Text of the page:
To ensure that your results are valid, consider the following guidelines when you perform the analysis and interpret your results.
- First, perform an analysis that fits and stores a model
- Overlaid contour plots use the most recent stored model that you fit for a response. If you did not perform an analysis that automatically stores a model, you do not have a model to use. For more information, go to Stored model overview.
- The model must contain at least two continuous variables
If the stored model does not contain at least two continuous variables, then this plot is not available. If you fit your model using Fit General Linear Model, then you can only include covariates on this plot. However, if you fit your model using either Analyze Factorial Design or Analyze Variability, then you can graph the continuous factors but not the covariates.
A mixture design must have at least three component variables or at least two numeric process variables to create a plot.
- Verify that the models meet the assumptions of the analysis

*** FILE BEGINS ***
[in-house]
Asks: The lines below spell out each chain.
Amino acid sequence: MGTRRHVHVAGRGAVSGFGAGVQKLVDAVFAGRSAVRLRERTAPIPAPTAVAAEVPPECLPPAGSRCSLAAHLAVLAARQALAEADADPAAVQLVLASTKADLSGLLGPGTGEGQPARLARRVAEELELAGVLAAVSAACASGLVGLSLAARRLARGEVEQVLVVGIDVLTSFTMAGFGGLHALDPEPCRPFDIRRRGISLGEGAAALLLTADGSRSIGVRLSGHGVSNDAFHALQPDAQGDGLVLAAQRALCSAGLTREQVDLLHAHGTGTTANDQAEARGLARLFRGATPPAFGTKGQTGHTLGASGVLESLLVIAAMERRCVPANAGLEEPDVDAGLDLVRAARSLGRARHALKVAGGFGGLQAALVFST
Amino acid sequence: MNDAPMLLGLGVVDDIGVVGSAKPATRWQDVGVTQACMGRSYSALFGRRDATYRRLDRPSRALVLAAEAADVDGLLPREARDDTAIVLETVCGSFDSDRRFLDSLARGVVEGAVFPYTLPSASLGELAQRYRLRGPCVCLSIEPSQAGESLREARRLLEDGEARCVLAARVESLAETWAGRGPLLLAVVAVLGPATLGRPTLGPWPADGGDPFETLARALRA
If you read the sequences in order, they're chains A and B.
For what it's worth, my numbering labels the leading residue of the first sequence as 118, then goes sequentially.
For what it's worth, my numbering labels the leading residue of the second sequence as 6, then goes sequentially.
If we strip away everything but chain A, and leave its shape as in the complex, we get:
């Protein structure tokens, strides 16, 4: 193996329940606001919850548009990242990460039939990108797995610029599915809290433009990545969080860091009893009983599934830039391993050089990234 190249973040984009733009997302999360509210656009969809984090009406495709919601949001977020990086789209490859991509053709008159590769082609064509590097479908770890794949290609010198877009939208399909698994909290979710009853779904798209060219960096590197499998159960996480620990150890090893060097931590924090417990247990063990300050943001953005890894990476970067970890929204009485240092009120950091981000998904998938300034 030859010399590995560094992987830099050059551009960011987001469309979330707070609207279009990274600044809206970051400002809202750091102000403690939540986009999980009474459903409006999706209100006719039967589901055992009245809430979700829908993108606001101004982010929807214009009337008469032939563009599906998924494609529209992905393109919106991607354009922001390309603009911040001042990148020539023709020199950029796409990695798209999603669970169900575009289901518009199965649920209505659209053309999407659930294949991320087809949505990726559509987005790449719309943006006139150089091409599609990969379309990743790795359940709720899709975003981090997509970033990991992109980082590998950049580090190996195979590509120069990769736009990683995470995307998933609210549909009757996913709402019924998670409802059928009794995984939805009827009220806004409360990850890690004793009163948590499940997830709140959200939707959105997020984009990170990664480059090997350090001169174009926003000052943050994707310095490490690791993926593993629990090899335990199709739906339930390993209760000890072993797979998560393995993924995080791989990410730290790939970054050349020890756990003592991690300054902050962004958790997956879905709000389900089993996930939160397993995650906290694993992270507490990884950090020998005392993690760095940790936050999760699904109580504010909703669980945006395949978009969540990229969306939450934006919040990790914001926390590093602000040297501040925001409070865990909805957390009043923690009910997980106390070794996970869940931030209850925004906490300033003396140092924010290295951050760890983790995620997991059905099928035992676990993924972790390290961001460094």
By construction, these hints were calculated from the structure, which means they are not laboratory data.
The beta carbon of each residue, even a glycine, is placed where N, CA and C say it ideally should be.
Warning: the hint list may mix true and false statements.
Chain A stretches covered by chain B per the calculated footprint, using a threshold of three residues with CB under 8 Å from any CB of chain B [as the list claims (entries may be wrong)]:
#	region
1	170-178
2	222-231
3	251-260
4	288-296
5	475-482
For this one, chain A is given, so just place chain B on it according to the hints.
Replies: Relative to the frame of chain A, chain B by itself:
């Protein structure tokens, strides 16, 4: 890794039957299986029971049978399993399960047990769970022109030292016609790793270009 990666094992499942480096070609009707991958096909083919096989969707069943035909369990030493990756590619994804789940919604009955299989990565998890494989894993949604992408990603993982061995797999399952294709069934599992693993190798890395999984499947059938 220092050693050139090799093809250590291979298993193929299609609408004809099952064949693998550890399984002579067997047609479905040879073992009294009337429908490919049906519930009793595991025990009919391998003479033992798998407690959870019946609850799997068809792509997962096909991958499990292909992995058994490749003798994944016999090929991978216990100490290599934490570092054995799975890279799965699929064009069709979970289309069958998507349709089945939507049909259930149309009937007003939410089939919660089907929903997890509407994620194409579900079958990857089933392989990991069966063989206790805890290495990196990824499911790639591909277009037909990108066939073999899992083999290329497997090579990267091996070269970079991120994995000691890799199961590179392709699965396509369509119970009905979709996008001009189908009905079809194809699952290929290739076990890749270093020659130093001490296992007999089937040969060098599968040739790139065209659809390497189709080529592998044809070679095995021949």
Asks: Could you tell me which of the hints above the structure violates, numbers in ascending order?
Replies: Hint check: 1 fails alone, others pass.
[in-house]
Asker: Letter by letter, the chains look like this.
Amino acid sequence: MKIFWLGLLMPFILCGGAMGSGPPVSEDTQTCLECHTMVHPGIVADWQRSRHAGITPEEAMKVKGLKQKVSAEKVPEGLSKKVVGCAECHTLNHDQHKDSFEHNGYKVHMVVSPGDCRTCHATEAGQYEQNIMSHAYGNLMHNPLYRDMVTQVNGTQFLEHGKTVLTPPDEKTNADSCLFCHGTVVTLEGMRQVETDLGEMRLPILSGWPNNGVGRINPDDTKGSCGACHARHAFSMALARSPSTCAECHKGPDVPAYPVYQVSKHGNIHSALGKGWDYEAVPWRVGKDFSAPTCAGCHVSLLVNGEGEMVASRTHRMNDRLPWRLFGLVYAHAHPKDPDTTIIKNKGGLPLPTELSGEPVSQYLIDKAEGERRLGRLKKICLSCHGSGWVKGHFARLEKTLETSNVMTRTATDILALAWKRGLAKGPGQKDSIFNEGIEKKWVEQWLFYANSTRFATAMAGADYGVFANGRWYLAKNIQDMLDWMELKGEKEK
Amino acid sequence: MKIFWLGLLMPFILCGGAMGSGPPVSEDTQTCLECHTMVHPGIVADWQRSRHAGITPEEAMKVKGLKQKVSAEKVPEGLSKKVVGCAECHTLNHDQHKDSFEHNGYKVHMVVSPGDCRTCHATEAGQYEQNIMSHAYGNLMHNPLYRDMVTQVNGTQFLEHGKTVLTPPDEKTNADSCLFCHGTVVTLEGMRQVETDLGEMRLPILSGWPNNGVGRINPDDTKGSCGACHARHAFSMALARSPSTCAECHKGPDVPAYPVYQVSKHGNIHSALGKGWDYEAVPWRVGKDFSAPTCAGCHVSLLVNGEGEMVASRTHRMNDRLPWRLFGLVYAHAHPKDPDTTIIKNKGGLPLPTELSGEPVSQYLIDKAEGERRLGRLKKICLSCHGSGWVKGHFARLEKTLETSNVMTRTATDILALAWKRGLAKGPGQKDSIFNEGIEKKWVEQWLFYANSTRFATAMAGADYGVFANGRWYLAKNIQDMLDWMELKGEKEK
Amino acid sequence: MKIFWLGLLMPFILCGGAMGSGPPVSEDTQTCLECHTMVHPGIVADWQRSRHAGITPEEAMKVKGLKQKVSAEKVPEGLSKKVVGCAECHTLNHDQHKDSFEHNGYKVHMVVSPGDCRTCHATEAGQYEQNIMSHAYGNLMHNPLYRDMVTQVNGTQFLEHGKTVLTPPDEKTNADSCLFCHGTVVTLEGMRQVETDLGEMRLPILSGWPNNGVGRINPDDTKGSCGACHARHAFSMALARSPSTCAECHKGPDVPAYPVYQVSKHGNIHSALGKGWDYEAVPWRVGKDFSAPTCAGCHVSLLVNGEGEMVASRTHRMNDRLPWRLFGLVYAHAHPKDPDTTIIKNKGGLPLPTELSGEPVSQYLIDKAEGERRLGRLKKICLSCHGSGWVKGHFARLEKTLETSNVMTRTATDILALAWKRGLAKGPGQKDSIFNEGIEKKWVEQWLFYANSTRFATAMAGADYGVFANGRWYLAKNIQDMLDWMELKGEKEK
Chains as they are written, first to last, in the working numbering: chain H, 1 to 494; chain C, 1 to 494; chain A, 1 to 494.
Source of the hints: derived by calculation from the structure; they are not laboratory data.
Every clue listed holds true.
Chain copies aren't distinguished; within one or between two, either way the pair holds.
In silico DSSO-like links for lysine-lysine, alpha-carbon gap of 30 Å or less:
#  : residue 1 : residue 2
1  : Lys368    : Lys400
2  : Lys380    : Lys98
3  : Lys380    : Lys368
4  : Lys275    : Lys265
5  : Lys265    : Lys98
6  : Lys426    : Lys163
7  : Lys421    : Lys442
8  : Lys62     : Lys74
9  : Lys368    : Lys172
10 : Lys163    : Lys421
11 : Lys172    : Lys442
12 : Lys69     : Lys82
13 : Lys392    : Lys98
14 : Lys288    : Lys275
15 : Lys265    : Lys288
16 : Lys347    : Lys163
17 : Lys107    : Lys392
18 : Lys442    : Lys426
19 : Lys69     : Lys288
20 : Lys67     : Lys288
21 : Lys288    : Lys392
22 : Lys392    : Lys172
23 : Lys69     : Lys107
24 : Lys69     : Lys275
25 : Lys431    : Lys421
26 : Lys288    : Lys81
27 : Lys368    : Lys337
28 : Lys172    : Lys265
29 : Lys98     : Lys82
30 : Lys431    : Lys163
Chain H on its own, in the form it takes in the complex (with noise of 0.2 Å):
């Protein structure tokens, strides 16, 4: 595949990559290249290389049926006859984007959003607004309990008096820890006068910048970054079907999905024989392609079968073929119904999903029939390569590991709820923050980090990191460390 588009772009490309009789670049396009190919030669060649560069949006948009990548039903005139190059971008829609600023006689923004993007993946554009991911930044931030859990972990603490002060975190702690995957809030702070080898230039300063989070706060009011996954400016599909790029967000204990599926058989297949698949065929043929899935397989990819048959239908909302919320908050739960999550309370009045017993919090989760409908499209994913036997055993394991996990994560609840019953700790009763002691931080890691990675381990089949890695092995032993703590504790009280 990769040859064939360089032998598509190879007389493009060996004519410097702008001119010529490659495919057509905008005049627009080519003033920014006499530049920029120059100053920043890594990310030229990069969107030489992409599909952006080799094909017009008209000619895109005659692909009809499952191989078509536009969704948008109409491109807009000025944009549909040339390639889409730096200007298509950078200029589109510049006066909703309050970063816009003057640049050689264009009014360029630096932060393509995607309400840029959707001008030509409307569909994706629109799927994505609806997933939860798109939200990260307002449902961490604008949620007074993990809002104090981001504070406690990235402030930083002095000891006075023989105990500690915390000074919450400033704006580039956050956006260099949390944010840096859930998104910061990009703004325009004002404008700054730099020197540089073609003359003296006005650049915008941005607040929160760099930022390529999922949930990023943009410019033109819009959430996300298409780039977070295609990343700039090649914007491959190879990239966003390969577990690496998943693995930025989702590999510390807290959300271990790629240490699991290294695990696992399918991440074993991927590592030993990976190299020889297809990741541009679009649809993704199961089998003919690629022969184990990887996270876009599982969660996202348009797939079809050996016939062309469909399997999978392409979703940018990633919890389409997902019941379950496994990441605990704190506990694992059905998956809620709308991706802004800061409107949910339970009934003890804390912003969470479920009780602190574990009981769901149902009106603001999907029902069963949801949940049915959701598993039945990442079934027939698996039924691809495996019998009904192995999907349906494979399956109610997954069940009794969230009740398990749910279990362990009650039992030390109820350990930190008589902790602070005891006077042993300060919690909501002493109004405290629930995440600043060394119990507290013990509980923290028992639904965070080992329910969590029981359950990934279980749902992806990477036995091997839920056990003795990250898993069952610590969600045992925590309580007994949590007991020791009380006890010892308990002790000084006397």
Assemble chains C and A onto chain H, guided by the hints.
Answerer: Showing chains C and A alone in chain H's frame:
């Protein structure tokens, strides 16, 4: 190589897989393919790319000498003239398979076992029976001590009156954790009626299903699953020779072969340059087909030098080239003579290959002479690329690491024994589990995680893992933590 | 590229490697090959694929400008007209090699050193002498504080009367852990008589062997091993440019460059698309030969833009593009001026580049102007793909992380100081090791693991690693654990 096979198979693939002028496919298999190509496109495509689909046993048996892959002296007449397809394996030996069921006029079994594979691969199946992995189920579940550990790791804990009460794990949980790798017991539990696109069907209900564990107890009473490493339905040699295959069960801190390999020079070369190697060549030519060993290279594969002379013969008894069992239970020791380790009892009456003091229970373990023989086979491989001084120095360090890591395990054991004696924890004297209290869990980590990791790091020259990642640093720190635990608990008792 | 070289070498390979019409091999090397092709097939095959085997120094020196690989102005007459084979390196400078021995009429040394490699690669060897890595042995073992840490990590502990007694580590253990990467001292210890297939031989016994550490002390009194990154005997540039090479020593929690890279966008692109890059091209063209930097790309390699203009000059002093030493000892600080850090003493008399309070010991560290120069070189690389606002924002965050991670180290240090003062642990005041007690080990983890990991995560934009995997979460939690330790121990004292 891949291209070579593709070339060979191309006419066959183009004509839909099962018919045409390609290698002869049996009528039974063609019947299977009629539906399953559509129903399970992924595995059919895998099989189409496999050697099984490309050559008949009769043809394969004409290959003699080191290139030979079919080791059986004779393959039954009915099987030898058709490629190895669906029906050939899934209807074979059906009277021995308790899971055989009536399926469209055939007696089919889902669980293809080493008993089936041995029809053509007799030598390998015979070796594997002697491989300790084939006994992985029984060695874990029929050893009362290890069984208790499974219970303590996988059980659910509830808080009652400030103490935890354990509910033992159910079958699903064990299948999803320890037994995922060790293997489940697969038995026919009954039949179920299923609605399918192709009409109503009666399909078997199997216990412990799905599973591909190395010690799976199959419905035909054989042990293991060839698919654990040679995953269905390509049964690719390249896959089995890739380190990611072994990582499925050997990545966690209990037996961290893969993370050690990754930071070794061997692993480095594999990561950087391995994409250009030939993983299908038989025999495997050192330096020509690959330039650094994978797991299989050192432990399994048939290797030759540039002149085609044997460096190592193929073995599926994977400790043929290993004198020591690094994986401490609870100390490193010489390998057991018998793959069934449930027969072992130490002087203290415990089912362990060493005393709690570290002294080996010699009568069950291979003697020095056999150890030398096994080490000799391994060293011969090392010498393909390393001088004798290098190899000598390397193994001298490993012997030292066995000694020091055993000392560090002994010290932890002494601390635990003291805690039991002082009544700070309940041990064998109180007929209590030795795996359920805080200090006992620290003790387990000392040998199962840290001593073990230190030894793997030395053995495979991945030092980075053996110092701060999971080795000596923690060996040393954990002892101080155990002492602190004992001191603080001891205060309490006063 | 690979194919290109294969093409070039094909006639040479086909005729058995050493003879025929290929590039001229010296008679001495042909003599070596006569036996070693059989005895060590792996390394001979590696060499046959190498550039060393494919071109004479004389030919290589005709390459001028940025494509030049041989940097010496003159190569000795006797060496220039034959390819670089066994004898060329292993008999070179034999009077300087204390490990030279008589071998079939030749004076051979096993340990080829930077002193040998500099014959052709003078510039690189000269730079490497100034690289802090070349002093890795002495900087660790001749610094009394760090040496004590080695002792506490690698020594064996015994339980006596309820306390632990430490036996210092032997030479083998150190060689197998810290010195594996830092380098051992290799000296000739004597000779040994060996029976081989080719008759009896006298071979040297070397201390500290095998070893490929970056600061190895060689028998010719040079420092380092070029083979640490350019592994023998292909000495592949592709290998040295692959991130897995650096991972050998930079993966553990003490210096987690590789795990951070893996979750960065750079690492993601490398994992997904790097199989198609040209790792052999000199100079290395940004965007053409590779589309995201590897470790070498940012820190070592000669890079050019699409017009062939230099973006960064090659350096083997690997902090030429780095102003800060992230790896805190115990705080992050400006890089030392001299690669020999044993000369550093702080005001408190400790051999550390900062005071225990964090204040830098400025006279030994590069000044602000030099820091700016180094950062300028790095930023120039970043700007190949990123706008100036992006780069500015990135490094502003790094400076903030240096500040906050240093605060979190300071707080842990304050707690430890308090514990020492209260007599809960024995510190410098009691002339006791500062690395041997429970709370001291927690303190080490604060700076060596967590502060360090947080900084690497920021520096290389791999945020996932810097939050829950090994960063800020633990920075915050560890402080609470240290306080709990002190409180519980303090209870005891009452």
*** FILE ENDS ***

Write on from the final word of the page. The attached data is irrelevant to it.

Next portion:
- If the stored models do not meet the assumptions of the original analysis, the overlaid contour plot might be inaccurate. For more information, click the original analysis below, and then go to the "Data considerations" topic and the "Key results" topic.
- Variable settings should be similar to the data that you used to fit the model
- If you use variable settings that are not within the range of the data that you used to fit the model, the fitted values can be misleading. Also, you should use combinations of variable settings that are similar to the combinations that you used to fit the model. If you identify points of interest, you can use Predict to determine whether these points are unusual compared to the data that you used to fit the model. Predict also includes prediction intervals in the output, which you can use to determine the precision of the predictions.
To generate predictions for a mixture design, choose